If you are happy with the price would not get too wound up about resale price - but would accept that realistically it might take longer to sell. You only need one buyer tho.

Only thing I would say is that doing it this way (finding a house first)...puts you at risk of over offering on what you are buying to secure it to get it taken off the market whilst you sell yours - and then accepting a low offer on yours to complete the chain in time -- possibly big gap.

Lottie4 Tue 24-Dec-13 14:31:43

Ask the agent if they have a full copy of the energy certificate. Some online here estimate heating and lighting costs for 3 years, as well as 3 main ways of improving efficiency and the approximate cost of doing that. It might give you some ideas on how it can be improved.

Our house is going on the market for £190,00 and the agent has told us to seriously consider anything above £180,000, so it's worth trying 5/6% less. I'm sure the sellers will be interested in trying to negotiate given it's been on the market so long.

Just because it's taken a long time to sell now, doesn't mean it will next time. I thought my old flat would take 18 months to sell (others in the block had) but sold it within 24 hours. We have allowed one early viewing on our present house (didn't want it on the market until after Xmas) and agent phoned within an hour saying she really likes it and wants to return after Xmas. She might not buy it, but this is really positive as others the same usually take 10 months.

Kitttty Tue 24-Dec-13 14:43:23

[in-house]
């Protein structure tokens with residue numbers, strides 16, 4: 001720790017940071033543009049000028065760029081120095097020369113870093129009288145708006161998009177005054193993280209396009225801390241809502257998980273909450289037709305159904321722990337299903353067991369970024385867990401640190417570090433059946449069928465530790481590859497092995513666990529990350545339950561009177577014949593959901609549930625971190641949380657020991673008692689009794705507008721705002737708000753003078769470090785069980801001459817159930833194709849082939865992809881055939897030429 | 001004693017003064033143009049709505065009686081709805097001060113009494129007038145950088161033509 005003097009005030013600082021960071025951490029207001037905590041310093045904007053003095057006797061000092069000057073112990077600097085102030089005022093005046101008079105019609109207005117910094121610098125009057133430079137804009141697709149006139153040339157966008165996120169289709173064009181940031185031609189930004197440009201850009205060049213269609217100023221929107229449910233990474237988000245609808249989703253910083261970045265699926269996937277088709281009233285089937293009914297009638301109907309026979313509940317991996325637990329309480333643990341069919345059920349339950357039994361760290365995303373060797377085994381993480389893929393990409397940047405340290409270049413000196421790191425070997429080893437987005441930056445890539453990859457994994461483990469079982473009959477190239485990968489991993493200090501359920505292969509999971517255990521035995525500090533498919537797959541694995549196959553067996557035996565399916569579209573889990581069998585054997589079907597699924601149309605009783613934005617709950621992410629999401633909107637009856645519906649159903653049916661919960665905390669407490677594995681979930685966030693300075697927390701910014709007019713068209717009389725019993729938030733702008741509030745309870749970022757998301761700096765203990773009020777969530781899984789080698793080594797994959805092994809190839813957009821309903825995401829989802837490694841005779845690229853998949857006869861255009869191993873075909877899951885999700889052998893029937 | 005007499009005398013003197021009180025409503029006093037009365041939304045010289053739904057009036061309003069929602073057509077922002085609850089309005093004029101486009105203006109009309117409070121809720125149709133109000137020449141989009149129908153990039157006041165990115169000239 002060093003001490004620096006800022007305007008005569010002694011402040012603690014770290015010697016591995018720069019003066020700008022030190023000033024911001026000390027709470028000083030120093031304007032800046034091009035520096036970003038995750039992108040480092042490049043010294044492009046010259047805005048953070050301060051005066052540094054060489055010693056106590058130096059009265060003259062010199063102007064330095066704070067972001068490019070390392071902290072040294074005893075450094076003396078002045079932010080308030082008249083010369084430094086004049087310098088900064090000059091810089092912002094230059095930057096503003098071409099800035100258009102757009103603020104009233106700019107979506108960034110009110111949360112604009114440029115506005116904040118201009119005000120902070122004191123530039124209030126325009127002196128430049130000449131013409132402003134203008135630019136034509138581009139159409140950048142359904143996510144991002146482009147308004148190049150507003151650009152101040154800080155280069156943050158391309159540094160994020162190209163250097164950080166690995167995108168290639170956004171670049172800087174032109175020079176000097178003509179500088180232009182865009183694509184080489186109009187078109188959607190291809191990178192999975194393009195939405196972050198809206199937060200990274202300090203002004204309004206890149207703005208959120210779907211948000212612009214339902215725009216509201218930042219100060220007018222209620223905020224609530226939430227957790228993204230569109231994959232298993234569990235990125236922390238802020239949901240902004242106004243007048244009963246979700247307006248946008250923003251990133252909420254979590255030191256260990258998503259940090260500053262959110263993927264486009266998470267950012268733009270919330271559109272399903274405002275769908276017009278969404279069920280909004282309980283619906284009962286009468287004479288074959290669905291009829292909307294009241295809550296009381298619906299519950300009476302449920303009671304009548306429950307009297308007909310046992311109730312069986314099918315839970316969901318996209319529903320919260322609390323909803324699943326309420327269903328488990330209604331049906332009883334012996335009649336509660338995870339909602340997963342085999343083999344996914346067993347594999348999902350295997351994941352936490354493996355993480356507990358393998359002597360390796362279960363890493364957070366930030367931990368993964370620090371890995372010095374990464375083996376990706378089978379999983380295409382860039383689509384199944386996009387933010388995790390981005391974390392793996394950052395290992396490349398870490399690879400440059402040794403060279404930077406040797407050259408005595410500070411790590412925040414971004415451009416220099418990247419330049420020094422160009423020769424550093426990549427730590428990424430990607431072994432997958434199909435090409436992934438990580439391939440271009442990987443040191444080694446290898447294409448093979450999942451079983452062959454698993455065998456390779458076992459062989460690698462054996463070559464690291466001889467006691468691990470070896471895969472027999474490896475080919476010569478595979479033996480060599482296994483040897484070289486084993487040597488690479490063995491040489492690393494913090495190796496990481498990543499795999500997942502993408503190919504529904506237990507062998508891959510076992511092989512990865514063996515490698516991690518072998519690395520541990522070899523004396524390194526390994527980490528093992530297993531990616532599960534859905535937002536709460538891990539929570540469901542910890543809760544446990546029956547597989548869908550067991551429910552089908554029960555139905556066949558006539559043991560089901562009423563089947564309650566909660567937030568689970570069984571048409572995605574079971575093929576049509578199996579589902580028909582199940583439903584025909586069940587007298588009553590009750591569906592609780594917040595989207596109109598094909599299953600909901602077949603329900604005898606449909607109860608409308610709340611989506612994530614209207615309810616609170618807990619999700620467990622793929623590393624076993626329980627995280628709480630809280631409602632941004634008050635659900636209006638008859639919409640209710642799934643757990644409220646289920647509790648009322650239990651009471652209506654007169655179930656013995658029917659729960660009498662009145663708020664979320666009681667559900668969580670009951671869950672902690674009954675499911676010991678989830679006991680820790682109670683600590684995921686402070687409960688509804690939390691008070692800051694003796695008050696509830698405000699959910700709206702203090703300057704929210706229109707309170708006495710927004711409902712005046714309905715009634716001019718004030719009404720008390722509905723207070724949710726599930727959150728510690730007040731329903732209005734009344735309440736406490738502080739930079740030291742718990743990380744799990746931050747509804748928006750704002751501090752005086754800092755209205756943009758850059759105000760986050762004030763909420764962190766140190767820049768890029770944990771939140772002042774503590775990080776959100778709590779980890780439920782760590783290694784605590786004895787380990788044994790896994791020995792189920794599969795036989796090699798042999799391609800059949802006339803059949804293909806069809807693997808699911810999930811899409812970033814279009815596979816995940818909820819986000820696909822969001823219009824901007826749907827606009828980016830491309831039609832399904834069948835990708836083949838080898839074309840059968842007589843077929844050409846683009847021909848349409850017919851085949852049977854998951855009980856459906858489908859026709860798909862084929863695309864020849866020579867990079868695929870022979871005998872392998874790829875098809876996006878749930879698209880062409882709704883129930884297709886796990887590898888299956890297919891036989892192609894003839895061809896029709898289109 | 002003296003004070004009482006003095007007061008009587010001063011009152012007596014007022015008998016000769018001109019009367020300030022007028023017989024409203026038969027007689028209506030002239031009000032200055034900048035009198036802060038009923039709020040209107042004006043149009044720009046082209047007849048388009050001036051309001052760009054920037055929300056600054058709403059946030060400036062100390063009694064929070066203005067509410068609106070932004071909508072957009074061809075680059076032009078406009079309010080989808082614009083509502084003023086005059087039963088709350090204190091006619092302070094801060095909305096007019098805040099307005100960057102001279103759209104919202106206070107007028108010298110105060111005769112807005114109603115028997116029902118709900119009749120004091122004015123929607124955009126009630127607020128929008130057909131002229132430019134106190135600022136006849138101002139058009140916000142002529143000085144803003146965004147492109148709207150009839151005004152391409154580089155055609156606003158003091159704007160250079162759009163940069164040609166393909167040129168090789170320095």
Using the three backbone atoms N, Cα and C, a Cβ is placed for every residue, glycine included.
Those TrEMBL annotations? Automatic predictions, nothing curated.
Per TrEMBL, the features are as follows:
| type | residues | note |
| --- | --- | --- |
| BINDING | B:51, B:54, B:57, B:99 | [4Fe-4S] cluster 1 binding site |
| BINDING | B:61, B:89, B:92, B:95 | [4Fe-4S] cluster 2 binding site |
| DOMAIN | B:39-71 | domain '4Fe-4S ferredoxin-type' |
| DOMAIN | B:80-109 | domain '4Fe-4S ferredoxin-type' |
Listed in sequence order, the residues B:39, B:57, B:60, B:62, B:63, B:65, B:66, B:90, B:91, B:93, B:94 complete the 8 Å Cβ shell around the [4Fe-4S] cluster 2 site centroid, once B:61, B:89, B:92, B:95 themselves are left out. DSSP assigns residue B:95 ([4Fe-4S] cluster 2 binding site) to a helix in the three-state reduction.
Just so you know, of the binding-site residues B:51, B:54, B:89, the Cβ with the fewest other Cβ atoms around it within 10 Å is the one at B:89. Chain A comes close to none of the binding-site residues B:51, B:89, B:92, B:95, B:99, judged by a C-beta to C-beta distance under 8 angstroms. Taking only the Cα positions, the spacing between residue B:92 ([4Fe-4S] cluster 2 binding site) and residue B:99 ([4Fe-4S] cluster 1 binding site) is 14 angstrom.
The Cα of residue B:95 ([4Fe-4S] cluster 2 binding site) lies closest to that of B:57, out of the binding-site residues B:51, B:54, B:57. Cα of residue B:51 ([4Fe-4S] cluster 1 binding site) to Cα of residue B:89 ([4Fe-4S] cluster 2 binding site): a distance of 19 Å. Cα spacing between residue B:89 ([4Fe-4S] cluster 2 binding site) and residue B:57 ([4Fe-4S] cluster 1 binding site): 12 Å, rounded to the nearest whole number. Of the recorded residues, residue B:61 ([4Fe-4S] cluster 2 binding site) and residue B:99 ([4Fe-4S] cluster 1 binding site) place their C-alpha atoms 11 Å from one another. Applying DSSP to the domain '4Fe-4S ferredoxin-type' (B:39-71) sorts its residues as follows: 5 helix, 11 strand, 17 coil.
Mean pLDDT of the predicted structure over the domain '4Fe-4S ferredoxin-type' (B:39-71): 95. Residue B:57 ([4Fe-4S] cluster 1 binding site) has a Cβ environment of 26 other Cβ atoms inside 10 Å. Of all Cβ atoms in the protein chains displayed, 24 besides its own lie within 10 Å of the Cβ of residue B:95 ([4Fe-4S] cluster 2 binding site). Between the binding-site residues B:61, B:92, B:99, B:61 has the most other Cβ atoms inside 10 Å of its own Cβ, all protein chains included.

How long has it been on the market at this price? Do you think it could fall further?

Pizdets Tue 24-Dec-13 19:47:37

We're buying a house which went on for 570 in the first half of the year, then went down to 550, then 530. We offered 485 (cheekily!) And got it for 500, so definitely well worth an offer even though it's already been very reduced! It depends on the vendor's circumstances but if they're keen to move and aware of the market they might well have dropped the price to tempt out some offers.

Sounds like an amazing house, good luck whatever you do!

specialsubject Thu 26-Dec-13 10:43:02

you'll be able to find a full copy of the EPC online.

be aware that they are a joke. Many I've seen talk about putting in a wind turbine or solar panels. The latter usually come out at a cost of £3000 or so with an estimated saving of £30 a year. And they now give savings over a three year period to make it look better.

they do tell you the area of the house, whether the boiler is condensing and a few other things, but are often wildly inaccurate.

nice idea, useless execution.

Thinkingofmyfabfour Fri 10-Jan-14 16:38:14

Any update bobbles?
We made cheeky offer 15% under, then increased to about 8% under which is pretty generous for unloved house that's been for sale for almost 18 months.
They rejected saying they want only offers £20k over asking confused hmm

Can't think why it hasn't sold...I think we will walk away now, such a waste of time and energy (plus money we've spent getting our house ready to put on market (in excess of £1k) angry